Monday, December 17, 2007

Trapped

Date: Dec. 16
Mileage: 31.1
Hours: 2:45
December mileage: 406.9
Temperature upon departure: 35
Precipitation: .03"

I did quite a bit of Internet research tonight regarding my travel/training options for this winter, and I've drawn the conclusion that I am officially trapped in Juneau until Feb. 21, 2008. People who advocate building a road that connects Juneau with the real world said the state ferry system was useless, but I didn't know they meant it. I even agreed to work Christmas and New Years just to cash in on a four-day weekend in early January, only to discover I might find one boat to Skagway during that period, but I wouldn't be able to return until sometime in 2010.

I briefly considered a flight to Fairbanks, but for what it would cost, I'd probably be better off buying some wool base layers and a pair of waterproof pants that don't have duct-tape patches across the backside. It's a bit frustrating because I had this whole "cold-weather" cycling trip planned since I started training in October, and now I know it's not going to happen. I probably should have researched it earlier, but I just assumed there would be a boat for me when I needed one. (It appears the Marine Highway all but shuts down during the winter.)

Geoff has insinuated before that he can feel Juneau's isolation closing in on him like a cold fist. Sometimes I feel it, too.

But I had a good ride today. Conditions were really icy, but I rode as hard as I felt my lungs could manage in the cold wind. I was able to keep my speed mostly above 15 mph, except on short stretches of bike paths that were covered in several inches of clumpy debris from plowed roads; I also brought my average speed down quite a bit once I attempted trail riding at the glacier, where I did a lot of 2.5 mph walking. It felt good to put in a sustained hard effort. I died a little toward the end, after not drinking enough because my water bottle had become completely coated in disgusting gray goo, and not eating enough because I hadn't brought anything with me to eat. But when I pulled up to the house with my lungs still searing and my legs pumping hot lead, I could almost taste the success of a hard ride well executed, and I knew it was going to be a good day.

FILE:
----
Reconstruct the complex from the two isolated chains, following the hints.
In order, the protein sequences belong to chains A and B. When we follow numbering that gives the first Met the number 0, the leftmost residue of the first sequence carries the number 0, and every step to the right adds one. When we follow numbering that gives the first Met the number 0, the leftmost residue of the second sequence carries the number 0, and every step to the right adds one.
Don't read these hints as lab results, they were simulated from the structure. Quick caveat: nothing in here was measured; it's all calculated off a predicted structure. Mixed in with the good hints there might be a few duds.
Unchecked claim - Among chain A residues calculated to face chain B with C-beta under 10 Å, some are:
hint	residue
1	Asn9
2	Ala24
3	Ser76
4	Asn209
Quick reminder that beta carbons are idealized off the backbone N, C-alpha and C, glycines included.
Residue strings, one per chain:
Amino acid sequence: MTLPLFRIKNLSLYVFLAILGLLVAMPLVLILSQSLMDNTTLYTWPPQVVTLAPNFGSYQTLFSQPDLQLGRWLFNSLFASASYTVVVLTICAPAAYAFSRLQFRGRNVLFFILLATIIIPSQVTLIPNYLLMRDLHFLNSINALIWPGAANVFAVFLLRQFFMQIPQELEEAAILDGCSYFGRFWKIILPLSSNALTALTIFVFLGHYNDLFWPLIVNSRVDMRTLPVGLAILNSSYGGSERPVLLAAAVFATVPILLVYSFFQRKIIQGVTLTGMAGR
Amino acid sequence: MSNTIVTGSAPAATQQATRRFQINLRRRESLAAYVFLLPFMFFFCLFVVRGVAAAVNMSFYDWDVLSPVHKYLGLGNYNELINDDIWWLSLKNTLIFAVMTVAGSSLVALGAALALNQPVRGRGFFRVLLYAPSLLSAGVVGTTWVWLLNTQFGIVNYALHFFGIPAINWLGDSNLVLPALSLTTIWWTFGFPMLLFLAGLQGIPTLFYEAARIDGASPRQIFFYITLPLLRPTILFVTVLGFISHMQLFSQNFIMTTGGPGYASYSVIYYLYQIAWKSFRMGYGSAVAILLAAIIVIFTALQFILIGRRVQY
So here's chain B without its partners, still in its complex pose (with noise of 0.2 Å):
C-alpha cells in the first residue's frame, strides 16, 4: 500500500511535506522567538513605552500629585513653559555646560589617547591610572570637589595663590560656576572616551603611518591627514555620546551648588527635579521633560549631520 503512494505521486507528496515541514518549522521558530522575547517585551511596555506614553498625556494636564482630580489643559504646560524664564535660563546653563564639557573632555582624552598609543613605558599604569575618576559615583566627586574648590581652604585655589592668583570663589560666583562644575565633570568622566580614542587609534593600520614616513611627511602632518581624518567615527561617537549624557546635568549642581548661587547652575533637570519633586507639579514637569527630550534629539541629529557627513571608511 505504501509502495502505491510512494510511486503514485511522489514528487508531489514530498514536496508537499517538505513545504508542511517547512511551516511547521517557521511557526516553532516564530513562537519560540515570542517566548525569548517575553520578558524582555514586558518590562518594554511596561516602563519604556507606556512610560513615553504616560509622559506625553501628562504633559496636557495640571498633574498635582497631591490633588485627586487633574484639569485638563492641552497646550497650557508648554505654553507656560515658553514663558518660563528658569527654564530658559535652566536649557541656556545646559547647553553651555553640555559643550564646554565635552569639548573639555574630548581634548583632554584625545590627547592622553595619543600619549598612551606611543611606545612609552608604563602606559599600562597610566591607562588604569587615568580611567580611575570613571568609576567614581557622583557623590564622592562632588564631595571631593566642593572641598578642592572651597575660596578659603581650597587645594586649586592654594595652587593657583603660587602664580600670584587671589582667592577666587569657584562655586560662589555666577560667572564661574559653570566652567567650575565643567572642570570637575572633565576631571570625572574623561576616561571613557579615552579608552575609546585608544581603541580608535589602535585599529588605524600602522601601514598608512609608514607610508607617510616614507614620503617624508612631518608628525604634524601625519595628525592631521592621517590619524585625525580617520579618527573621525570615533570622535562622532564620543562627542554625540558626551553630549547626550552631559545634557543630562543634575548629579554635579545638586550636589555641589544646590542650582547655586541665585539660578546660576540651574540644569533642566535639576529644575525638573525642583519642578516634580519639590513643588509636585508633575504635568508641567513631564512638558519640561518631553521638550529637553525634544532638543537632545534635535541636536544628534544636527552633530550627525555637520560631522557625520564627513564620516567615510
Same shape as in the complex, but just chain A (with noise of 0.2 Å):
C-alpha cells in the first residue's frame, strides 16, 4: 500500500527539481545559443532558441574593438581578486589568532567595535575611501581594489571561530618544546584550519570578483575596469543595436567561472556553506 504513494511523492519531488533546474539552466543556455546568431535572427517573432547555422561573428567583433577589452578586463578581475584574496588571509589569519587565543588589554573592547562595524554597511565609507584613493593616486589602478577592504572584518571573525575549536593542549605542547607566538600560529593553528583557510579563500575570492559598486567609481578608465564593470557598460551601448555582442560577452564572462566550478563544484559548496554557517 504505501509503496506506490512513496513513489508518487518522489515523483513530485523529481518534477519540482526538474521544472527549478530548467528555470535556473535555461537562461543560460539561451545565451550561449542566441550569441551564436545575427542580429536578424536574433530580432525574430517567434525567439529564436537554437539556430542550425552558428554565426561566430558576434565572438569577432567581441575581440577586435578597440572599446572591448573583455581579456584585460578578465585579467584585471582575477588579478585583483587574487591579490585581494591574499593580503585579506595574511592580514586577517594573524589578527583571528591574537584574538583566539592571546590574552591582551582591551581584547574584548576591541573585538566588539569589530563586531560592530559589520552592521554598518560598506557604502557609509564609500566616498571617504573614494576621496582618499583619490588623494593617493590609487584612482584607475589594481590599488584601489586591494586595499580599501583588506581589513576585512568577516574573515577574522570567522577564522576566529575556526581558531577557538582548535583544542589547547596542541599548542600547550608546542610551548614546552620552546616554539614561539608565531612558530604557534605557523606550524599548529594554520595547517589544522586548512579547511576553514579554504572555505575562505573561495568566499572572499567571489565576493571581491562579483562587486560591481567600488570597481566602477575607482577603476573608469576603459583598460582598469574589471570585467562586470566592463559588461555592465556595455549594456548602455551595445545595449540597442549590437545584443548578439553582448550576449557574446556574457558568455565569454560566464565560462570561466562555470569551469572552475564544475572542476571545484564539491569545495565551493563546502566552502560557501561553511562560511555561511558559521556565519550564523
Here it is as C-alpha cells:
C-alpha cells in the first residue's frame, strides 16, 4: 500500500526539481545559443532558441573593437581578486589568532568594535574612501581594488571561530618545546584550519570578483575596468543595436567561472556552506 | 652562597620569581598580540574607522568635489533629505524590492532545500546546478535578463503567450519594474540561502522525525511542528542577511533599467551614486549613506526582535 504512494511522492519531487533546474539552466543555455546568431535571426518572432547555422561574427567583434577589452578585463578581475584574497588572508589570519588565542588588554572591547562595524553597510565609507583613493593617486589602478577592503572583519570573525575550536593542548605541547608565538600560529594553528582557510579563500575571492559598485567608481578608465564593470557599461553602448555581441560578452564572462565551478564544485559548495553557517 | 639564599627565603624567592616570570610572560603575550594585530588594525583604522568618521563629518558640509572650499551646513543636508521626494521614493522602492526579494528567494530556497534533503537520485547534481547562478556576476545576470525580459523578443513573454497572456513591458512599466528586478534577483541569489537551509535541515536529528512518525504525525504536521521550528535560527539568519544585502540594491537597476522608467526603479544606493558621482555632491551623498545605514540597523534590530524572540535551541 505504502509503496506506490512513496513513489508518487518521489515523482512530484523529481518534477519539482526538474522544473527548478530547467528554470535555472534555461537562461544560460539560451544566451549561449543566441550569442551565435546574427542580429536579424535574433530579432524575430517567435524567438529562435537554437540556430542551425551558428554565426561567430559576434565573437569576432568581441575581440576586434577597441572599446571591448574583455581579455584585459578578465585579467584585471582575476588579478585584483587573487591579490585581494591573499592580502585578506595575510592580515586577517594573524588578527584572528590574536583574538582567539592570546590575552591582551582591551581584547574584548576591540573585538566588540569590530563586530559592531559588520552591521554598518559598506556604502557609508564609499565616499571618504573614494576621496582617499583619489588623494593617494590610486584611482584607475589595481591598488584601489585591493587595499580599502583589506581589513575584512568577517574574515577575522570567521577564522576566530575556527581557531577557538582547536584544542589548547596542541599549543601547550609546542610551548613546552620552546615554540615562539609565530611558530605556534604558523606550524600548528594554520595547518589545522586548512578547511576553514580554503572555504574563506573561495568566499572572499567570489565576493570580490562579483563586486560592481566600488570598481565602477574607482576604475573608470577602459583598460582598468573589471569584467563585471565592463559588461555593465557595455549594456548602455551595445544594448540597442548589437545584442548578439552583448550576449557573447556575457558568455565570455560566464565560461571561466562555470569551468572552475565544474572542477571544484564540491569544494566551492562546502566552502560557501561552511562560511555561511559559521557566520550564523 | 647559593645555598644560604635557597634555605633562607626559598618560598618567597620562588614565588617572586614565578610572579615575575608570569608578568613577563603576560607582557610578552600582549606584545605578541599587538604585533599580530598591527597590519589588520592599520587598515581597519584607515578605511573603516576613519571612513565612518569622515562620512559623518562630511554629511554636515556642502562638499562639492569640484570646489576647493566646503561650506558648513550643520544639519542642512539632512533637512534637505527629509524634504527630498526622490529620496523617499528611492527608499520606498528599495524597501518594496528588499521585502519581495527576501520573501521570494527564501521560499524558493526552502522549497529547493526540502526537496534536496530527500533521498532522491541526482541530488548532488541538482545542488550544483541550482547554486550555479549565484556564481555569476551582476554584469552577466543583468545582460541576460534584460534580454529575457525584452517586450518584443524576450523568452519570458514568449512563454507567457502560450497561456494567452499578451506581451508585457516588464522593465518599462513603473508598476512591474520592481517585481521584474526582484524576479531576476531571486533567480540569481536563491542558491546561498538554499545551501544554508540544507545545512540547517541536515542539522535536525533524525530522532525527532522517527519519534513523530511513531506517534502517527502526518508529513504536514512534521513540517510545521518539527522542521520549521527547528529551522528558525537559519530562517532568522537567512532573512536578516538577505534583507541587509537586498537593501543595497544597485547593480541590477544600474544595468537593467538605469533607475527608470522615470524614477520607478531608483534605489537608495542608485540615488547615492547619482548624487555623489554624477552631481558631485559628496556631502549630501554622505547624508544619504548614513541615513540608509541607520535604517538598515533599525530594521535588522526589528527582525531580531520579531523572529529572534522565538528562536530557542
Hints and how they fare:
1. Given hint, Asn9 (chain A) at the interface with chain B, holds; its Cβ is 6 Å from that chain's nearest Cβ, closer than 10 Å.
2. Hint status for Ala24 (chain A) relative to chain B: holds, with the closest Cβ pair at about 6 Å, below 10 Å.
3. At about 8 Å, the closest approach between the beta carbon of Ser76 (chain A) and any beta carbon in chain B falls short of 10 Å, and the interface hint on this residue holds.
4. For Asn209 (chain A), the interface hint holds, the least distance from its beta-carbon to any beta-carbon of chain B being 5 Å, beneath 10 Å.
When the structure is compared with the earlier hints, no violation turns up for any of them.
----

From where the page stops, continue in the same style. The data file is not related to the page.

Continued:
11 comments:

  1. Mingo5:16 AM

    Hello Jill, I am in Tallahassee Florida it reached 35 degrees last night, the first time this year. I've enjoyed your blog. Fairbanks was my home from June 86 to June 87. While there I road my mountain bike through the winter, a specialized rockhopper sport, as much as possible. I didn't have the slushy snow to deal with but the cold temperatures where pretty killer. Zero was about as cold as I could ride. Even then I had to go pretty slow to keep the lungs, body temp and chill factor balance. A local outdoor manufacture made what I called lobster gloves. To bad about the lack of transportation, there has got to be an opportunity for another adventure somewhere in Juneau. Good Luck - Mingo

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  2. http://blogs.wncn.info/thedailydraft/7:10 AM